New England Patriots quarterback Tom Brady and Denver Broncos star Peyton Manning each overcame unprecedented individual scandals this season en route to their clash in Sunday’s AFC Championship game, but only Manning appears to have emerged from his rare brush with criticism unscathed. Research suggests that Brady’s reputation took a significant hit over the last year due to his role in the “Deflategate” saga, though experts are confident he will remain highly marketable once his playing days are over.
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Brady was a central figure in the NFL’s months-long investigation into whether Patriots officials knowingly deflated footballs used in last year’s AFC Championship game to gain a competitive advantage over the Indianapolis Colts. Brady, who adamantly denied any wrongdoing from the start, was vindicated when his four-game suspension was overturned in federal court.
Separately, an Al Jazeera America special report alleged last December that Manning’s wife received shipments of a performance-enhancing drug from an Indianapolis anti-aging clinic. The report, entitled “The Dark Side,” triggered public suspicions that Manning used performance-enhancing drugs and prompted an NFL investigation. But Al Jazeera America’s report crumbled in just a few weeks amid denials from implicated athletes and a retraction from the report’s key source, Charlie Sly.
So why did a report that linked Manning to performance-enhancing drugs disappear in mere days, while accusations that Brady tampered in air pressure in a few footballs have lingered for months? Experts say the disparity has as much to do with the public’s hatred of the Patriots as with its attitude toward Brady. New England has won four Super Bowls since 2002, but the franchise and its head coach, Bill Belichick, have been severely penalized twice during that span amid allegations of cheating.
“It’s similar to the [New York Yankees] in a way, where you either love them or you hate them,” said Matt Fleming, director of celebrity acquisition at the Marketing Arm, an international marketing agency. “I think that applies for Brady and the controversy that’s regularly come up with them over their run of success. The stories, whether founded or unfounded, they tend to shed a negative light at times.”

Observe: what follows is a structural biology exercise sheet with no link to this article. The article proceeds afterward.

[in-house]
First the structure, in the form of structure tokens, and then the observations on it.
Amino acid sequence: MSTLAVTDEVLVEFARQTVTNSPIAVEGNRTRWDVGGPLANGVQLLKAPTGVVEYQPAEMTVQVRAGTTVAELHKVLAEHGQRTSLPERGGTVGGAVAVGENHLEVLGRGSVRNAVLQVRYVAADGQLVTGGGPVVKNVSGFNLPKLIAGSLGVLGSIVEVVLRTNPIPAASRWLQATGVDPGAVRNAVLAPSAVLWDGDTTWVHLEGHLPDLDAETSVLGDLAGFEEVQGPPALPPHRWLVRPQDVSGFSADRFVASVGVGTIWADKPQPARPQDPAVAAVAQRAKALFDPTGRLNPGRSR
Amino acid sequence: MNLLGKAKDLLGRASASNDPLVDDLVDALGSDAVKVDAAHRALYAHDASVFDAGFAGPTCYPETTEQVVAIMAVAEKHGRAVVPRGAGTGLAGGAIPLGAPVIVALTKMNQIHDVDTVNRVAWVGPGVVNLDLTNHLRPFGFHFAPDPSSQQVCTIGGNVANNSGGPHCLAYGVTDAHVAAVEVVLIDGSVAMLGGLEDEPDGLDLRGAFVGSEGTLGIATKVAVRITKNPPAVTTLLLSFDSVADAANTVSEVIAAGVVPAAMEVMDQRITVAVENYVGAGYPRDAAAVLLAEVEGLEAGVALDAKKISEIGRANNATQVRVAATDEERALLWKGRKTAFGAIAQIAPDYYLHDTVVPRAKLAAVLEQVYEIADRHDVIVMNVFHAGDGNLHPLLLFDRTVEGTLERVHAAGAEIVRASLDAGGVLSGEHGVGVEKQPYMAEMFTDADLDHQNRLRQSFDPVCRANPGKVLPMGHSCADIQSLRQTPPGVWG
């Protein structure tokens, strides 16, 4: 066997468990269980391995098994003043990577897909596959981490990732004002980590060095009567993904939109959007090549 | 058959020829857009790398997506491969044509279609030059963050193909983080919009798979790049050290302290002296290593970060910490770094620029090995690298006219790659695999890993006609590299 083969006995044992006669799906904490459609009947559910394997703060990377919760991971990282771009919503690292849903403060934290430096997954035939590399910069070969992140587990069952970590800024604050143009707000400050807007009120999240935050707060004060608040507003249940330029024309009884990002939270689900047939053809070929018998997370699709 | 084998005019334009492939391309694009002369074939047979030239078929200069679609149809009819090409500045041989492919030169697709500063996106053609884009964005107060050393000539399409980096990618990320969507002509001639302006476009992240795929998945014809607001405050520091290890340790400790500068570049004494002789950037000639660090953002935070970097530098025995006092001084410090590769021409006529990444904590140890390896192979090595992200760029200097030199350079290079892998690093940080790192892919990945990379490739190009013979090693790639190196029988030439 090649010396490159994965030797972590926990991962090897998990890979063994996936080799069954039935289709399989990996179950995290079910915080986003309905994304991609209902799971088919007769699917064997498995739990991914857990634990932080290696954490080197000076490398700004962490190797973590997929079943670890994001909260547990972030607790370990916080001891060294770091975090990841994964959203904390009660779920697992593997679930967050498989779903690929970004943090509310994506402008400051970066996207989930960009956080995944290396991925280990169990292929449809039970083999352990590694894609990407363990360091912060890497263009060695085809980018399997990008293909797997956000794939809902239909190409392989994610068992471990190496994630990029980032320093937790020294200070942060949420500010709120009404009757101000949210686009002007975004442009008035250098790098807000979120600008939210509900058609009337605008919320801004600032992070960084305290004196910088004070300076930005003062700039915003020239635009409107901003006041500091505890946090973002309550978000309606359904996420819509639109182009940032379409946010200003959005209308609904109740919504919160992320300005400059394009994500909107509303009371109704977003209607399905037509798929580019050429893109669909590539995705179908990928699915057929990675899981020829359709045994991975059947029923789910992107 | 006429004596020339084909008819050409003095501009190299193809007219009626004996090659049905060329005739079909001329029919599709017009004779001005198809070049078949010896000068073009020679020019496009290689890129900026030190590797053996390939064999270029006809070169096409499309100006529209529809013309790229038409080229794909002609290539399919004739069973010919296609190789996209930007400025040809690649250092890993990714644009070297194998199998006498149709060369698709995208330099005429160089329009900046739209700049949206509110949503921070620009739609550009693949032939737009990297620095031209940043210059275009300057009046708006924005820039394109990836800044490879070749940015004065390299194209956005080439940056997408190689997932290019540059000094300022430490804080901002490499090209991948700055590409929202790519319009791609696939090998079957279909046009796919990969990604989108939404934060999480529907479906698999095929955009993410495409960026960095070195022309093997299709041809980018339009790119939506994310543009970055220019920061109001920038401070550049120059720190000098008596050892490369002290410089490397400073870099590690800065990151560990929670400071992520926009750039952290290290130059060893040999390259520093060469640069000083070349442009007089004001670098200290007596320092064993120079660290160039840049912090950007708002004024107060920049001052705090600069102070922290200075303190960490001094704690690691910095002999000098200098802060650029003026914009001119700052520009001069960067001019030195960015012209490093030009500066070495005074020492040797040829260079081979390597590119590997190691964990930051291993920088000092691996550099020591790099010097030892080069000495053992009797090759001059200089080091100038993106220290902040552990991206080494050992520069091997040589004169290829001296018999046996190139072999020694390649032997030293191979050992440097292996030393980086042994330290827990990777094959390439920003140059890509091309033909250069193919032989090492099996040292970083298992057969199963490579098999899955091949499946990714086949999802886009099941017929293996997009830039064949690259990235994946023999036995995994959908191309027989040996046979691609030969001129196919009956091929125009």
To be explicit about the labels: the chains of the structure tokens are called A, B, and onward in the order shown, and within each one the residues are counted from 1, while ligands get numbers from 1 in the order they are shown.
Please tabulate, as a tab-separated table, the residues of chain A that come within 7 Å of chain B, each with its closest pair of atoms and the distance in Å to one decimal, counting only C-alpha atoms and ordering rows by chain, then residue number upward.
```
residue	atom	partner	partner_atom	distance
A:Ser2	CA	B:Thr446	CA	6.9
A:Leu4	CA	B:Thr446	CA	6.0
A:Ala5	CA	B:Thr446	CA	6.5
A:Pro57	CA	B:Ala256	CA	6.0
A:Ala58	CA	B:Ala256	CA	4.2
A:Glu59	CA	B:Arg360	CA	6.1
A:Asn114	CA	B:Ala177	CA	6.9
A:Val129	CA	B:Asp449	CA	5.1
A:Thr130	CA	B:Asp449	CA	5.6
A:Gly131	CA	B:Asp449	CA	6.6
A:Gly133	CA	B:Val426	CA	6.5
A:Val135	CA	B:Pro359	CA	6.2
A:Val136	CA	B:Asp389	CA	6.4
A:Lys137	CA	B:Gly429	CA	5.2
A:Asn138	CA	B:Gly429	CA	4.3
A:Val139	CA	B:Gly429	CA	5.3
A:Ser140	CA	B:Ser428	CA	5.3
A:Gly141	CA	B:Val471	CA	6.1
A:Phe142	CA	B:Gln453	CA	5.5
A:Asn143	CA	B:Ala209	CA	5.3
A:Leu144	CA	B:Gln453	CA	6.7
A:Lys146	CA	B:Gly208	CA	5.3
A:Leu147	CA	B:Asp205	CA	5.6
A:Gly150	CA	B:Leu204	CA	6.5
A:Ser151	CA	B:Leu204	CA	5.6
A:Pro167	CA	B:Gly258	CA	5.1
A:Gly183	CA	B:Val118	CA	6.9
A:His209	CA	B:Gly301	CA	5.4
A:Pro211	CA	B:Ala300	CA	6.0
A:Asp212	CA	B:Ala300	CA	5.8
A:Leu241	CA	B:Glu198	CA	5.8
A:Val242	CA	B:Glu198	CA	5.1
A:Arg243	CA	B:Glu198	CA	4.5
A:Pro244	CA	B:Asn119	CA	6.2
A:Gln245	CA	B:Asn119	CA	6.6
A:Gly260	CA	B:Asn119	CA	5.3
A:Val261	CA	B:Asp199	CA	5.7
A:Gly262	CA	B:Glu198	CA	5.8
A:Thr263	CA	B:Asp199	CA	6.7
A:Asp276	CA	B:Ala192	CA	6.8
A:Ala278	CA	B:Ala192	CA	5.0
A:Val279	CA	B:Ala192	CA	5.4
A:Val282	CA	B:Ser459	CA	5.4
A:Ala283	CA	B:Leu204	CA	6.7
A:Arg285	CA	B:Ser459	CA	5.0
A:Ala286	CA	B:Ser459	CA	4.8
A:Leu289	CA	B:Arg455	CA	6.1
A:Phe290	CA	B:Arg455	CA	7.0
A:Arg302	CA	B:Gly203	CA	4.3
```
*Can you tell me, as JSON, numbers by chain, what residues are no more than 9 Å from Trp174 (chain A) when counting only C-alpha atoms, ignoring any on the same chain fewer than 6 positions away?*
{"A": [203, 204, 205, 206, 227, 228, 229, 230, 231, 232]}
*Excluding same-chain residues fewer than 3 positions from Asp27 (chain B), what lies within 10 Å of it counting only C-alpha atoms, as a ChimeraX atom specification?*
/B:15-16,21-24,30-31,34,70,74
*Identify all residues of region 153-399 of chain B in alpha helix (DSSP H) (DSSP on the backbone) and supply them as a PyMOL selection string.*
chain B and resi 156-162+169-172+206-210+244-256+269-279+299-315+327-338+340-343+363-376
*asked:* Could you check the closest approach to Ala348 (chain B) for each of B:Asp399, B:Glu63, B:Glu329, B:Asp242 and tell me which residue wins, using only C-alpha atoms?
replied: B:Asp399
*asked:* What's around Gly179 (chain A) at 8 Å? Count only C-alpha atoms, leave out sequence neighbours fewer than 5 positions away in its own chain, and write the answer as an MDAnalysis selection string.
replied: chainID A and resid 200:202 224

The Marketing Arm maintains the “Celebrity DBI” database, which polls consumers on eight categories to determine where worldwide celebrities rank in terms of marketability. Both Brady and Manning are known to more than 80 percent of consumers, placing them among the most well-known celebrities in the world, according to the firm’s findings. But Manning tops Brady in nearly every other category.
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More than 75 percent of consumers have a favorable view of Manning, which places him alongside the real-life “James Bond,” actor Daniel Craig, in terms of likability. The Broncos quarterback ranks in the top 200 of more than 3,800 celebrities in terms of consumer trust, prowess as an endorser and overall influence.
Brady’s ratings are far worse. He ranks 3,703 out of 3,840 celebrities in terms of likability. Just 58 percent of consumers have a favorable outlook on Brady, which places him on par with baseball pariah Roger Clemens. Manning ranks 140th in terms of consumer trust; Brady places 3,270th.
“The Deflategate thing kind of haunted Brady for a long time, and I’m not sure that the public sentiment ever really came to his side on that. It just kind of faded away. Outside of New England, I think, if you took a poll with football fans, they’d probably still think that he did it,” said Gary Myers, a New York Daily News columnist and author of the 2015 book ‘Brady Vs. Manning: The Untold Story of the Rivalry That Transformed the NFL.’
Yet the difference in consumer trust hasn’t had a major impact on either player’s personal brand – neither has lost a single sponsor. Manning earns about $12 million annually through endorsement deals with major companies like Nationwide Insurance and Papa John’s Pizza (PZZA), the latter of which came to his defense after Al Jazeera’s report, as reported by FOXBusiness.com.
Brady earns about $6 million through deals with companies like Under Armor (UA) and Tag Heuer watches. And while many football fans have grown tired of seeing him hoist the Lombardi Trophy, Brady enjoys rapid, borderline obsessive support from fans in the New England area.
Manning’s and Brady’s ability to maintain marketability through scandal mirrors that of the NFL, which draws a reported $10 billion in revenue annually while weathering public outrage related to the league’s domestic violence record and questionable emphasis on player safety.
“Short of murdering somebody or killing dogs or something, you really don’t see many guys have their personalities or character tarnished by anything,” said Bob Dorfman, a sports marketing expert and executive creative director at Baker Street Advertising in San Francisco. “The game seems to rise above that, as long as you’re successful and winning on the field.”
Both Manning and Brady are in their late 30’s and nearing the end of their football careers. Barring any new developments, their brushes with scandal won’t derail their post-gridiron profitability. Manning has proven to be a natural in front of the camera, whether in commercials or in the broadcast booth.
Brady is rumored to be interested in becoming a football executive once his playing days are over, but that’s just one of several potential paths that will be open to him. His perception among football fans will certainly improve once he stops beating their favorite teams on Sundays.
“I think once Brady retires and is removed a little bit from the NFL, people will start to appreciate his accomplishments more and the success that they’ve had,” Fleming said.